Hackernoon logoWhy Using HTML <form> Tag Caused Redux State to Reset by@dafir

Why Using HTML <form> Tag Caused Redux State to Reset

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@dafirDafna Rosenblum

Imagine a form inside a React-Redux application. Every time the user fills one of the fields in the form, Redux state is changed. Submit button sends HTTP POST request to the server and redirects to the next screen. Unfortunately, occasionally the submit button causes the application to go back to the login page, instead.

This is the situation I’ve encountered while transforming a Sails MVC app into React-Redux. Since it didn’t happen constantly, I figured it’s a race condition, and while debugging using Redux DevTools I noticed that @@INIT action appears instead of the list of my predefined form actions.

A quick solution would be of course not to use this tag, or choose one of the available form libraries. While I was able to handle the cons of these solutions, such as needing to implement the validations in case of just removing the tag, or needing to embed a new external library in the project had I chosen to use an existing library, I wanted to dig deep and understand why it happens.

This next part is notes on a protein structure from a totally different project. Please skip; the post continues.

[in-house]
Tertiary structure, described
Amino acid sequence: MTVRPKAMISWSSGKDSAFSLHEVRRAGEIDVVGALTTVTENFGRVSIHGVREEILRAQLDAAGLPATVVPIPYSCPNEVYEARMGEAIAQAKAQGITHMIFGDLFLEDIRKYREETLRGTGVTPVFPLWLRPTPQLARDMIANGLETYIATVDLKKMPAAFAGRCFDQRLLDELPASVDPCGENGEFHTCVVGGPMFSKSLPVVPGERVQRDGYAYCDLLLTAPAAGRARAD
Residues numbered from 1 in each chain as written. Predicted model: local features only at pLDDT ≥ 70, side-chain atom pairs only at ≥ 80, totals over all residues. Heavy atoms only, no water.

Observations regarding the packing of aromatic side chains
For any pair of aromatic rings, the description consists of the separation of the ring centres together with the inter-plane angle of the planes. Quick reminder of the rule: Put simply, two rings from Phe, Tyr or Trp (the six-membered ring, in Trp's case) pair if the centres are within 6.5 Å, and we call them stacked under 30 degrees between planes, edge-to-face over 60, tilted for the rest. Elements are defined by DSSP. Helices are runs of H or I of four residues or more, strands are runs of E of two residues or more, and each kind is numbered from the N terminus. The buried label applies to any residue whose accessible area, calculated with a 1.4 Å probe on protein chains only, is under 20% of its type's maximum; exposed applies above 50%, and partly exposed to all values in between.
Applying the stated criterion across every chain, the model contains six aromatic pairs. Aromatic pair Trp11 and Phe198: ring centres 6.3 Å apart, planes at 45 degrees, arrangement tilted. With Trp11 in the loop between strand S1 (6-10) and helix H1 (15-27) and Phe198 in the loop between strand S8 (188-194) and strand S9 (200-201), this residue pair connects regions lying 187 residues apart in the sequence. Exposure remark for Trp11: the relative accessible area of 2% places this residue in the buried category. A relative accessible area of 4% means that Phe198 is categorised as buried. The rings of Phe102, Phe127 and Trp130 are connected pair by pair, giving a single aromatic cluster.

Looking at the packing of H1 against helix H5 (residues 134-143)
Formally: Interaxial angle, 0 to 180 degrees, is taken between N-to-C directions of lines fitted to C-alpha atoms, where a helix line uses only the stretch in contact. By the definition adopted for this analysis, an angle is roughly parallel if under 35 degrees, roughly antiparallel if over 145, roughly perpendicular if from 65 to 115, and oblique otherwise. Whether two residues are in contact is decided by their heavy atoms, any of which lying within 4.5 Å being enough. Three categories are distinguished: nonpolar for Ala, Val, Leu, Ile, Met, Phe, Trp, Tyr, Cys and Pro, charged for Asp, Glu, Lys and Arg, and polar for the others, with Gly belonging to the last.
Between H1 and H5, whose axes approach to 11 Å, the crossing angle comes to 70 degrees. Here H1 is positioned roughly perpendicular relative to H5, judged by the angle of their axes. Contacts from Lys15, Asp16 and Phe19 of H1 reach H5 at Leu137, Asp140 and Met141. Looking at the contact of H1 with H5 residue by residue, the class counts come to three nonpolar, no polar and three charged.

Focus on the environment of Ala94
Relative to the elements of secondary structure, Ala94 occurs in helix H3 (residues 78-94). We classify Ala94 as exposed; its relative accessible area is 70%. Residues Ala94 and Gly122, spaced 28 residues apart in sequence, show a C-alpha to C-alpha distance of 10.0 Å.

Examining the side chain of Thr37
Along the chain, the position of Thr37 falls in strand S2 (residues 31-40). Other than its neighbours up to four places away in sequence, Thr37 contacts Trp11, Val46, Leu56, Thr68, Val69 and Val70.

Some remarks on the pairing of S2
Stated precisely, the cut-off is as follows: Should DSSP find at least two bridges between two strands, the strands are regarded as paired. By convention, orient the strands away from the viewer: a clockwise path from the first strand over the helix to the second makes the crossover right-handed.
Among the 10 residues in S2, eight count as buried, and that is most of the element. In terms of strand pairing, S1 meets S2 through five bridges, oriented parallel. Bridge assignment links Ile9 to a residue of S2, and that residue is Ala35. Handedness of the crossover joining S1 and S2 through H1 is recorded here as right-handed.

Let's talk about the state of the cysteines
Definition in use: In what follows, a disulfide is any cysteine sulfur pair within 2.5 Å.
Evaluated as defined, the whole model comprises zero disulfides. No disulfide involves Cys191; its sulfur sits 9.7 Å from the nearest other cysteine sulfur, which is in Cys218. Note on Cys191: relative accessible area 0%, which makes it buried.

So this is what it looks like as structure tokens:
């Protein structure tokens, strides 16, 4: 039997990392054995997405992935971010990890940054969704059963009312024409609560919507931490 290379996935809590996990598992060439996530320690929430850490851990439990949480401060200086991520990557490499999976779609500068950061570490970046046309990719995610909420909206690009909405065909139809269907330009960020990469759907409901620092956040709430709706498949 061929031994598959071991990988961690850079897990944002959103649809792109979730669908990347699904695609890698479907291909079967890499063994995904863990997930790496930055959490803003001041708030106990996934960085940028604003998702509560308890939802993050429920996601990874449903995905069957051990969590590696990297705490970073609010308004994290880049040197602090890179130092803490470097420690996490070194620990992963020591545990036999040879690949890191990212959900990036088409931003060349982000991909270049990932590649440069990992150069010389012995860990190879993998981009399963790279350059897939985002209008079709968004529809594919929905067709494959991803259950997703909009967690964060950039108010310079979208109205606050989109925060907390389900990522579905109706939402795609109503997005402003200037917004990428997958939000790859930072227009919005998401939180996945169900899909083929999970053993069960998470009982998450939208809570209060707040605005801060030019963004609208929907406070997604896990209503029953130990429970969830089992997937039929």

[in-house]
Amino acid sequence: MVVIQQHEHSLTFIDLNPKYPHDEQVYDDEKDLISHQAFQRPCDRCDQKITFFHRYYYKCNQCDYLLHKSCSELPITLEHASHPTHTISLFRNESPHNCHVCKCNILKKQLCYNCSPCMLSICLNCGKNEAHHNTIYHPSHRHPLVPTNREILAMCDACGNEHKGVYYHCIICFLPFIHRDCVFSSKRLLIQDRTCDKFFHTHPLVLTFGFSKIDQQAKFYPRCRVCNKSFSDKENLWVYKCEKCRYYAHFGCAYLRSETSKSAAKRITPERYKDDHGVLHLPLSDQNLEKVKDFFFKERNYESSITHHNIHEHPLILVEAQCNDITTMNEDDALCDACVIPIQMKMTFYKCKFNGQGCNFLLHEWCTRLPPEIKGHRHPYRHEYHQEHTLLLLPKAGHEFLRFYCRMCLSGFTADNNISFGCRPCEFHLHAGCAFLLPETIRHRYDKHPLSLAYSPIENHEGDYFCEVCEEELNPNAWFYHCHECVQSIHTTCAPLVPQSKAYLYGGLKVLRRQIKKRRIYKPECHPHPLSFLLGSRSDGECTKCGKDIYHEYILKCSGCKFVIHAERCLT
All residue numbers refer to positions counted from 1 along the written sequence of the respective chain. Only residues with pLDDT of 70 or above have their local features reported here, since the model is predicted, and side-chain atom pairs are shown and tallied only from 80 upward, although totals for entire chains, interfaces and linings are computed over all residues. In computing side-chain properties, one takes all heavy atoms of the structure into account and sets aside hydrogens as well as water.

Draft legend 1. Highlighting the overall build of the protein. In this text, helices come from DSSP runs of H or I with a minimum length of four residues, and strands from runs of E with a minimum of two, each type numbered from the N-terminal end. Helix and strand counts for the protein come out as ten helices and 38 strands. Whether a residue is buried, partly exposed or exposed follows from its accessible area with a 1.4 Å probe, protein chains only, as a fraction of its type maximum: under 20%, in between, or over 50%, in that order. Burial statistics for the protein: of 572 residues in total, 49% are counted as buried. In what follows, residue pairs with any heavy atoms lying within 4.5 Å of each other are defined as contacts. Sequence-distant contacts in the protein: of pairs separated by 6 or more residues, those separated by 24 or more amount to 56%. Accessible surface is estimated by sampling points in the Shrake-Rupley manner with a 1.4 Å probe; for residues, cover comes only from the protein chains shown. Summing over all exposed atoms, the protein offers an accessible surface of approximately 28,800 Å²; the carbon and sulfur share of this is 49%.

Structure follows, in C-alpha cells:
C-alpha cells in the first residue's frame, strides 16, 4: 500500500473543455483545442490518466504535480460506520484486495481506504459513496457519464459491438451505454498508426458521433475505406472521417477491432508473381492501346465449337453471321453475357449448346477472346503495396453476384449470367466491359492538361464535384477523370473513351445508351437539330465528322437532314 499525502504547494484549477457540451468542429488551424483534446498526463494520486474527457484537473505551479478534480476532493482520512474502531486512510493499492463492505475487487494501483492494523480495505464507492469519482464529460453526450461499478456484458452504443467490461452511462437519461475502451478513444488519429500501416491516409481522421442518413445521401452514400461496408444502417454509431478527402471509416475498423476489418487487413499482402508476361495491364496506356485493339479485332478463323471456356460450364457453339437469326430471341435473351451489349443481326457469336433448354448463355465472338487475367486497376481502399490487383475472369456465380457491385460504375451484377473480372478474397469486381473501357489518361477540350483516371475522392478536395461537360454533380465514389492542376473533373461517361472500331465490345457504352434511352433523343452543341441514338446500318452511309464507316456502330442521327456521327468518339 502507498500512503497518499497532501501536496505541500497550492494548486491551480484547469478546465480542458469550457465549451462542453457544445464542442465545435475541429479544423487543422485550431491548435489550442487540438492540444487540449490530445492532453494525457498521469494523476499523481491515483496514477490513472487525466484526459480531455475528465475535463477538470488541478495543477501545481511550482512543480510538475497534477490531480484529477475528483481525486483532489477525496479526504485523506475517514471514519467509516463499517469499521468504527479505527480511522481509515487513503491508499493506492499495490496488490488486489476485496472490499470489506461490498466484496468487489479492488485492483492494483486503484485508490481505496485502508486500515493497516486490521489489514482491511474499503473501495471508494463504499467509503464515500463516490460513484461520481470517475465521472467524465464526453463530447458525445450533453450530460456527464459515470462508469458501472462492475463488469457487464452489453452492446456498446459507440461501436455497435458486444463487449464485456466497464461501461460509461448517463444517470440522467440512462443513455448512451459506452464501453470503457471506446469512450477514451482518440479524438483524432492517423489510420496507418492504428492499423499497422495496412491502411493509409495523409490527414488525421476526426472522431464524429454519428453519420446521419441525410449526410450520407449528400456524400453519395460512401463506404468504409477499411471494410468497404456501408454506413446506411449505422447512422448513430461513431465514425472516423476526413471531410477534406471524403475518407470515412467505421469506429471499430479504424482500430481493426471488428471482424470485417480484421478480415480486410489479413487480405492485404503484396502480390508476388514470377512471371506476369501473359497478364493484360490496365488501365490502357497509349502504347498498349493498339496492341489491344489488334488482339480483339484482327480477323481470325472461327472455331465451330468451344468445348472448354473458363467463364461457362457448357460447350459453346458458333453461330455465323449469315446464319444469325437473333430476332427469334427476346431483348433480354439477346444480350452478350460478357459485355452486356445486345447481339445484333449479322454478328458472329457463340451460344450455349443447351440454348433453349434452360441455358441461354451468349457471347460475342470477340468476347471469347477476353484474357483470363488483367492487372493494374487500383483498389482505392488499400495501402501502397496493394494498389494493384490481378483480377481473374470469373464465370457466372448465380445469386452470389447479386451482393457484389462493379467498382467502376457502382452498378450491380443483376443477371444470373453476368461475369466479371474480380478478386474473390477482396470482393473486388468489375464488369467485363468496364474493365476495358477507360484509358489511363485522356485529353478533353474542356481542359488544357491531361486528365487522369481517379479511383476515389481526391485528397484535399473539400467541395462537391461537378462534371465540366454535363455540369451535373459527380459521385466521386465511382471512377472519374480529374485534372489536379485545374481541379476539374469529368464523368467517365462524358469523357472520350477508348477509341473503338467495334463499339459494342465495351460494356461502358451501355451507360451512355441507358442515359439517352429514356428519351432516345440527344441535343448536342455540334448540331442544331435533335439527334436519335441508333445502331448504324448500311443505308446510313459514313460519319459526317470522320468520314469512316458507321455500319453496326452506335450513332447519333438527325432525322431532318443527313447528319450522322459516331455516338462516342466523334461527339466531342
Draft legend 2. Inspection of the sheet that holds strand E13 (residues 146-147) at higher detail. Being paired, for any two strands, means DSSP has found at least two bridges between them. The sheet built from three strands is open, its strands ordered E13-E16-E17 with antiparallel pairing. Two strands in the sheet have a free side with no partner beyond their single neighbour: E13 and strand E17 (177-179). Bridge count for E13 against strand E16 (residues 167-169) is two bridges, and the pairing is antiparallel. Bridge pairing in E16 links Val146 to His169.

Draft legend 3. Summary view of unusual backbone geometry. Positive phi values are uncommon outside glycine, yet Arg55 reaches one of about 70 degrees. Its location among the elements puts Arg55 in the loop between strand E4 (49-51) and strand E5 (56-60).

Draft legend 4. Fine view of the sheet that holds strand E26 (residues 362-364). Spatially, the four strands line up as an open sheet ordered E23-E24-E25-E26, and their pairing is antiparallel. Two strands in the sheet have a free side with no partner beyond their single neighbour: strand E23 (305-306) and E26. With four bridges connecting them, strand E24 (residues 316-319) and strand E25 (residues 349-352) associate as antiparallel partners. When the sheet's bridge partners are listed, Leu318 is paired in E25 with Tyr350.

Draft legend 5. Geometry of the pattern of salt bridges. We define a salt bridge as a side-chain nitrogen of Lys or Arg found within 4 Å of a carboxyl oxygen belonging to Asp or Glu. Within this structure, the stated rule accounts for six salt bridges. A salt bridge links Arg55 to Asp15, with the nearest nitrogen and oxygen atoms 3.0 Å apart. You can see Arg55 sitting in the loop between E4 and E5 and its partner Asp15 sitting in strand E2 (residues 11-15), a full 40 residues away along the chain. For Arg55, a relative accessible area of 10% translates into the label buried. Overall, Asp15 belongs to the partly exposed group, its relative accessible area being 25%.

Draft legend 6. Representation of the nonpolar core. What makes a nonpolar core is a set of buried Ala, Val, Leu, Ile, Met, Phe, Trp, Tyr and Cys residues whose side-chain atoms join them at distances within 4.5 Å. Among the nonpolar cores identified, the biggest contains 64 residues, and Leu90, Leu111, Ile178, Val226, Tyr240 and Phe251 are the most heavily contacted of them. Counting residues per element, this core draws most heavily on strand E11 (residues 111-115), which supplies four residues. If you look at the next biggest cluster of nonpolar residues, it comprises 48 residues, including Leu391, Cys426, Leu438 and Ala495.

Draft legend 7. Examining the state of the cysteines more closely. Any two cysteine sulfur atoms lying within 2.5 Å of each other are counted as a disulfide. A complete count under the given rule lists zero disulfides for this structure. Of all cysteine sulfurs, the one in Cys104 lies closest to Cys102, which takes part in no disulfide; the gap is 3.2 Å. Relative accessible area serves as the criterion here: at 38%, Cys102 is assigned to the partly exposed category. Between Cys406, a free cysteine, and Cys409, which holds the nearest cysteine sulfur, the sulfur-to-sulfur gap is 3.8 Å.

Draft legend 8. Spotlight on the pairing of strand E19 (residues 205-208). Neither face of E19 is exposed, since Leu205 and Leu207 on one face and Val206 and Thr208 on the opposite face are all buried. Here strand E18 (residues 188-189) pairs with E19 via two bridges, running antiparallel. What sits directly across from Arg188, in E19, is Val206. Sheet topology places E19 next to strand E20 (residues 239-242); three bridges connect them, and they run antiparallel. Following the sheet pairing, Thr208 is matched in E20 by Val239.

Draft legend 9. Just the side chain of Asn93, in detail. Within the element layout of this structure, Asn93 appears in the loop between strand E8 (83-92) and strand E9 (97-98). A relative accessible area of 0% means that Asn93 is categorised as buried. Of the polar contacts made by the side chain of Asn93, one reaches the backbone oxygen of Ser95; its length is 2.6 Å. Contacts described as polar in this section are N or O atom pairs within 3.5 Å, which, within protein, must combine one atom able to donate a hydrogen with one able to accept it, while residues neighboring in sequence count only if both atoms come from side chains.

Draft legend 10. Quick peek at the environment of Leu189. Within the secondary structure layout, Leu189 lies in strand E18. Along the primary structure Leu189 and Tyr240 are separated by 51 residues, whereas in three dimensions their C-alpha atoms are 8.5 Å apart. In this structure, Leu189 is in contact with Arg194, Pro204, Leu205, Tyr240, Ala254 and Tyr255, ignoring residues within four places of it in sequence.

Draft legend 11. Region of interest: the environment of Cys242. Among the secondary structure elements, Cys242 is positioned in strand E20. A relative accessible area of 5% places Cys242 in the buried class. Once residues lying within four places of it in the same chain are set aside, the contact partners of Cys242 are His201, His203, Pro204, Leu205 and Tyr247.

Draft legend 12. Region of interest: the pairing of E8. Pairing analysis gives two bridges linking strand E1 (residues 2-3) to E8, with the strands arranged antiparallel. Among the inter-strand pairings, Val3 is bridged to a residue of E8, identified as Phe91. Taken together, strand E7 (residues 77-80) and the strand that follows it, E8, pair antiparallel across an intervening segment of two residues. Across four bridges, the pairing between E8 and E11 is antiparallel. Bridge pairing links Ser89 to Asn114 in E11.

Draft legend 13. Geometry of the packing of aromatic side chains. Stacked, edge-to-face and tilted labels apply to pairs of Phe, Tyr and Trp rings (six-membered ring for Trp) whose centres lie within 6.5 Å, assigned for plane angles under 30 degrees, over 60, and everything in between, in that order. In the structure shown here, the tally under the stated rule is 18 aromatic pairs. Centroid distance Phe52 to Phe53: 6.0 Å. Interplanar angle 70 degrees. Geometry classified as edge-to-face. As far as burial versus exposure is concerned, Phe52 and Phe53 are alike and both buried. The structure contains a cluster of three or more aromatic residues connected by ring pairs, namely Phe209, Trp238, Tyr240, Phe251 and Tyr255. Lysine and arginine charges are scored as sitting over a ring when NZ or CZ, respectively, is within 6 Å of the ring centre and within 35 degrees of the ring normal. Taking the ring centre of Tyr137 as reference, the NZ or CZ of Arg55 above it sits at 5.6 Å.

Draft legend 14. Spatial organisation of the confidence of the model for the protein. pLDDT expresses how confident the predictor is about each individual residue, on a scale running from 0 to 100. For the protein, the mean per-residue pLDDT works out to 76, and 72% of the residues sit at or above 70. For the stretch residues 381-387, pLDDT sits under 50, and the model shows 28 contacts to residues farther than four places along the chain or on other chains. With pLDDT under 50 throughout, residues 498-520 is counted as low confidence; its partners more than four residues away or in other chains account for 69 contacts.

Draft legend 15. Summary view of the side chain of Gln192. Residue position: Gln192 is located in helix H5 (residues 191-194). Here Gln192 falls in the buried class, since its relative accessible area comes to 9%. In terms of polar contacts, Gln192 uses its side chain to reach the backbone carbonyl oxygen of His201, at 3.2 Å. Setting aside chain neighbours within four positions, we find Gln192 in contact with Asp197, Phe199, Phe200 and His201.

This is what I’ve found:

In one of React official documentation > Main concepts > Forms’ examples, the onSubmit function is connected to the <form> tag, this way:

<form onSubmit={this.handleSubmit}>

and inside it the default behavior is prevented:

handleSubmit(e) {

It worked. But what is the default behavior that is prevented, why does it cause the state to reset, and why only sometimes?

The answer was unexpectedly in the network tab of the DevTools. When clicking on the submit didn’t result with the expected behavior, the HTTP POST request was cancelled (appears in the network tab in red), and instead a GET request was sent with the form data in the URL.

This is how <form> works from before the days of Ajax. On submit, an http call is invoked, by default — it’s GET. When this happened before the Axios HTTP call, it caused the cancellation of the Axios call, and the server responded in a way that caused the app to reset. When the Axios call happened first — the app worked as expected.

One of the main things that I’ve learned from this bug is that knowledge from ages ago can be useful in todays development.


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